Old man sat by the side of the road,
All hunched and warty like a toad.
Day in day out his place was there,
The village idiot, more wise than fair.
Rain poured down laving dirty feet;
The gods declared it his personal treat.
He sat and smiled his toothy grin
Knowing they’d washed him of his sin.
Drains beneath him sang songs of joy
He learned their voices and became their Roy.
Sun beamed down and bleached hair white;
The stone held its warmth for him at night.
Pilgrims came and stooped down to chat;
He squatted there and chewed the fat.
Things inconsequential became sublime;
When old man spoke them, they were divine.
A touch of his hand blessed all with grace;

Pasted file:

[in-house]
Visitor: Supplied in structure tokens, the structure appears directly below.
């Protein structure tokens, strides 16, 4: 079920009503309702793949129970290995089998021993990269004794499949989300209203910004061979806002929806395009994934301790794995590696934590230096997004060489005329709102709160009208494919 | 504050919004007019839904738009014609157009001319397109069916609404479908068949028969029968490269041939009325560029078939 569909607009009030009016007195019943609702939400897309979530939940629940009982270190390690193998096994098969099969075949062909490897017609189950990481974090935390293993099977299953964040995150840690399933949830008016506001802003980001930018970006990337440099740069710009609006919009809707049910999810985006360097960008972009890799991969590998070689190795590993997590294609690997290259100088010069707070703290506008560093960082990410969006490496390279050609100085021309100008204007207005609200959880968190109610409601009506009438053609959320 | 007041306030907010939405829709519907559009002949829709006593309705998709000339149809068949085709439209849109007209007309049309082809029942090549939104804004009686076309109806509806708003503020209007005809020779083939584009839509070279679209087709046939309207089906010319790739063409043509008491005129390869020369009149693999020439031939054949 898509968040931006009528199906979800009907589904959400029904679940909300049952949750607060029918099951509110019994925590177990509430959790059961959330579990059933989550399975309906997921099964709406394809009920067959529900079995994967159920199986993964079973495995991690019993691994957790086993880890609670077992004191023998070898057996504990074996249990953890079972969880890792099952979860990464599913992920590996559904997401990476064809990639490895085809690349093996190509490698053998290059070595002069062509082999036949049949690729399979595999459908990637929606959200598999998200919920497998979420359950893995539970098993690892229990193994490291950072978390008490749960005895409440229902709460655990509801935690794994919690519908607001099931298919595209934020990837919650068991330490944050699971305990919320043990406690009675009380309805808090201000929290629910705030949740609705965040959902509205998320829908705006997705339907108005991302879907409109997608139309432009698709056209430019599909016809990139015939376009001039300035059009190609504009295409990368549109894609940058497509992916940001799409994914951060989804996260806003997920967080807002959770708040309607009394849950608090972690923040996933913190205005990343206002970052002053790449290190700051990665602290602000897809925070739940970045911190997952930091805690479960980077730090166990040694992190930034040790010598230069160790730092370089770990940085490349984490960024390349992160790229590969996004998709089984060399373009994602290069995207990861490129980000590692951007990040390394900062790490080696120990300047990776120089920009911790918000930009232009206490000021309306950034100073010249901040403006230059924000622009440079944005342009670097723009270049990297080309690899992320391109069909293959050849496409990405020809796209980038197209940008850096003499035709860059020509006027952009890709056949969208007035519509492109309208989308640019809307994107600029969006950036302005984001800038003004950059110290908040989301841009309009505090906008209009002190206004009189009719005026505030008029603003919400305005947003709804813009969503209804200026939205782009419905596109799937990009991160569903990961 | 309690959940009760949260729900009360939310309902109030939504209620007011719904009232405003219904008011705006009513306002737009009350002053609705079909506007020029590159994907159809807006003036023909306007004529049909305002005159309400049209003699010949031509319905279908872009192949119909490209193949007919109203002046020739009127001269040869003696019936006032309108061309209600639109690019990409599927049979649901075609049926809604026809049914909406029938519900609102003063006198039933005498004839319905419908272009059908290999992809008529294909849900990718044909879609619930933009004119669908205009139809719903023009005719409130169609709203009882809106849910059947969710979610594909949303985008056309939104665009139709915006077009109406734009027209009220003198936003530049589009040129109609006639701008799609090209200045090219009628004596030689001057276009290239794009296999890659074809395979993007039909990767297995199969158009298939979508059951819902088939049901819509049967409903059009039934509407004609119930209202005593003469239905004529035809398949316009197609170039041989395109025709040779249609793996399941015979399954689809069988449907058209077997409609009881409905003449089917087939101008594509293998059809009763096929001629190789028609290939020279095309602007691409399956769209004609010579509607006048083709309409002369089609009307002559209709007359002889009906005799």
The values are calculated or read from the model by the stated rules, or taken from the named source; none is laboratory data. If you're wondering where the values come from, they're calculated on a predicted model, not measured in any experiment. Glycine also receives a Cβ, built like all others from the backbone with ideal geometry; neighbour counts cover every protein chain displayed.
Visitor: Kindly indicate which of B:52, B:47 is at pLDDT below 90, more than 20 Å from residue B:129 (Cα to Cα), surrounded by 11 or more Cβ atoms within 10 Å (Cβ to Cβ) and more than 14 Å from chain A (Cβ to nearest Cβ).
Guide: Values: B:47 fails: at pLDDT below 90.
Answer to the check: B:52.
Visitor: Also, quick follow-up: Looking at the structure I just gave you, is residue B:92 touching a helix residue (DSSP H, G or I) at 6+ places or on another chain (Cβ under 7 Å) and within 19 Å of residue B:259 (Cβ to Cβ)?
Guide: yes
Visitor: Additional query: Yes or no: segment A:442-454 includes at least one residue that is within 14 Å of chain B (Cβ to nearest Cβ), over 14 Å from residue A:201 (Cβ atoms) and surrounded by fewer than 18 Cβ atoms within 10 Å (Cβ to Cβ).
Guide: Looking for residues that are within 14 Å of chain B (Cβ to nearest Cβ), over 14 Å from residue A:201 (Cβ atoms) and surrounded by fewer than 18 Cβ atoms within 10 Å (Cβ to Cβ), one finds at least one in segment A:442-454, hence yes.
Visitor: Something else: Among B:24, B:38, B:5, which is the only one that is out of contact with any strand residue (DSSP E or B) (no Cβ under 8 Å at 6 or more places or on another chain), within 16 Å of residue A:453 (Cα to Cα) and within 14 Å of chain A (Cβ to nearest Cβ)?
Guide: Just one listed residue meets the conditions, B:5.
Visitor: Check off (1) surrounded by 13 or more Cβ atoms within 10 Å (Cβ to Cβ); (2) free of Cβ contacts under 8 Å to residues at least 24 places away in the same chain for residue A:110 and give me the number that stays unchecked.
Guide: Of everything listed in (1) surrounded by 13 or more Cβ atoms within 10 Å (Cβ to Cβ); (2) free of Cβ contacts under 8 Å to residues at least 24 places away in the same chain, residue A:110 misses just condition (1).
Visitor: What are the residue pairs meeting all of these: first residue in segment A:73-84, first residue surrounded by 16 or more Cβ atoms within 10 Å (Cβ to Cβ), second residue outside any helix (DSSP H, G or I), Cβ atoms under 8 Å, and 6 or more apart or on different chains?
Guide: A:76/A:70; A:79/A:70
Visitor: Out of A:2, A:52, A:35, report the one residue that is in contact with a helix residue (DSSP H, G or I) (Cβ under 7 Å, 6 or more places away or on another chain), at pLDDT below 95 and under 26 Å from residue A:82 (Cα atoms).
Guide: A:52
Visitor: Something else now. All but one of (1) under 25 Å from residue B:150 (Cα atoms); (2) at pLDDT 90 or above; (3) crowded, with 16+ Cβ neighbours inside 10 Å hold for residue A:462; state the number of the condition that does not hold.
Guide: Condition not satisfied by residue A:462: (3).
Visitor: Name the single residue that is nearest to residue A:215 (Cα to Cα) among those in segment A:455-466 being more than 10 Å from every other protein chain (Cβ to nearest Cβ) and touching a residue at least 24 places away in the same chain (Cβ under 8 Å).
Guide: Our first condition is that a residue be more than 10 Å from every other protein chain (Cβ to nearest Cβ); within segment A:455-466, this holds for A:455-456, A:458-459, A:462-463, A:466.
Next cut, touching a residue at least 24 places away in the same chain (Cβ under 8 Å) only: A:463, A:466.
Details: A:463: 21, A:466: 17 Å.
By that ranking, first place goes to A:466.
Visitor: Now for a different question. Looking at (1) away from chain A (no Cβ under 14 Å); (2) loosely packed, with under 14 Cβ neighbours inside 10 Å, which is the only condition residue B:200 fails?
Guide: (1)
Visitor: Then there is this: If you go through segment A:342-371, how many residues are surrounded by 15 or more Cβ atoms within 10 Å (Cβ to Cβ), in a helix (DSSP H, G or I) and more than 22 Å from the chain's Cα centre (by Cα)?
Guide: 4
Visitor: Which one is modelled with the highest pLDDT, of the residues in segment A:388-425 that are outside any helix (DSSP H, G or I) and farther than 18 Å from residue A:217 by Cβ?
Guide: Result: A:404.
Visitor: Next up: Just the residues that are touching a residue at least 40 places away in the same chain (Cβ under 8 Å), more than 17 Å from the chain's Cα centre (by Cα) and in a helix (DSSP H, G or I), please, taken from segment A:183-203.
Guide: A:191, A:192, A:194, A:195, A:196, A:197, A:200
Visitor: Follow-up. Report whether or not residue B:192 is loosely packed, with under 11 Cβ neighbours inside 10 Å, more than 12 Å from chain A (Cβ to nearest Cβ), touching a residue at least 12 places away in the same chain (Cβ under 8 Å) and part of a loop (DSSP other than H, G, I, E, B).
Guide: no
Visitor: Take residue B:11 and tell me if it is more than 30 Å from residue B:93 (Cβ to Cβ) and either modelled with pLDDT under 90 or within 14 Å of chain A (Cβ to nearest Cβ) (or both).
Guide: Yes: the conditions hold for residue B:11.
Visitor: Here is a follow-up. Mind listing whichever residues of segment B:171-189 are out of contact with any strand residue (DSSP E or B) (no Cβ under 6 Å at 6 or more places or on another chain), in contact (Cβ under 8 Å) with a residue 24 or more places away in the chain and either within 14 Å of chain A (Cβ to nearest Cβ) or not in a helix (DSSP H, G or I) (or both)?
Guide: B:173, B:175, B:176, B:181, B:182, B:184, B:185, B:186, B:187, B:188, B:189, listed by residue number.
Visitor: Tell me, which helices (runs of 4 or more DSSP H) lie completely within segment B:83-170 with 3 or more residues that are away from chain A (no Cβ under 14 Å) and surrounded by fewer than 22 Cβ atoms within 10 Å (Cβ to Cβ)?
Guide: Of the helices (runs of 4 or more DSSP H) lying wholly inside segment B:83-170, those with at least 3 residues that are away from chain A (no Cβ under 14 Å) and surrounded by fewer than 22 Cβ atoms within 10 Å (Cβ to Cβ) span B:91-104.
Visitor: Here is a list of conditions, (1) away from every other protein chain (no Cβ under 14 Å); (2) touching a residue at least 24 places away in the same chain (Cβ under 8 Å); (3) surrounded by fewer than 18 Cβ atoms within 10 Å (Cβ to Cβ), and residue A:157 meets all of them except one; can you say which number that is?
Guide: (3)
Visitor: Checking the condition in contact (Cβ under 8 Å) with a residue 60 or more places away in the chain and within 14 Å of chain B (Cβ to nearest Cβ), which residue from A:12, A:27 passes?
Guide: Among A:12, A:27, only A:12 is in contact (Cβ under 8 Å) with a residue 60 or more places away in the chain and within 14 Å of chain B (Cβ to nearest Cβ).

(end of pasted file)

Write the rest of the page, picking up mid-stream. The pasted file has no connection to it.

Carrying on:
Uplifted were they who looked on his face.
Word of his wisdom spread wide and inspired.
Gutters were cluttered by crowds who aspired
To speak with the holy man raised from the ranks.
Forgotten were errors and childhood pranks
When old age claimed him though none other would.
Blind eyes and deaf ears were of no further good,
So blessèd was he who had lived and endured,
Whose body and soul to pain were inured.
When Karma was paid, the meek one was raised
And Earth welcomed the beggar with all due praise.
© Nyuka Anaïs Laurent 01.02.04
Second poem on Old Man theme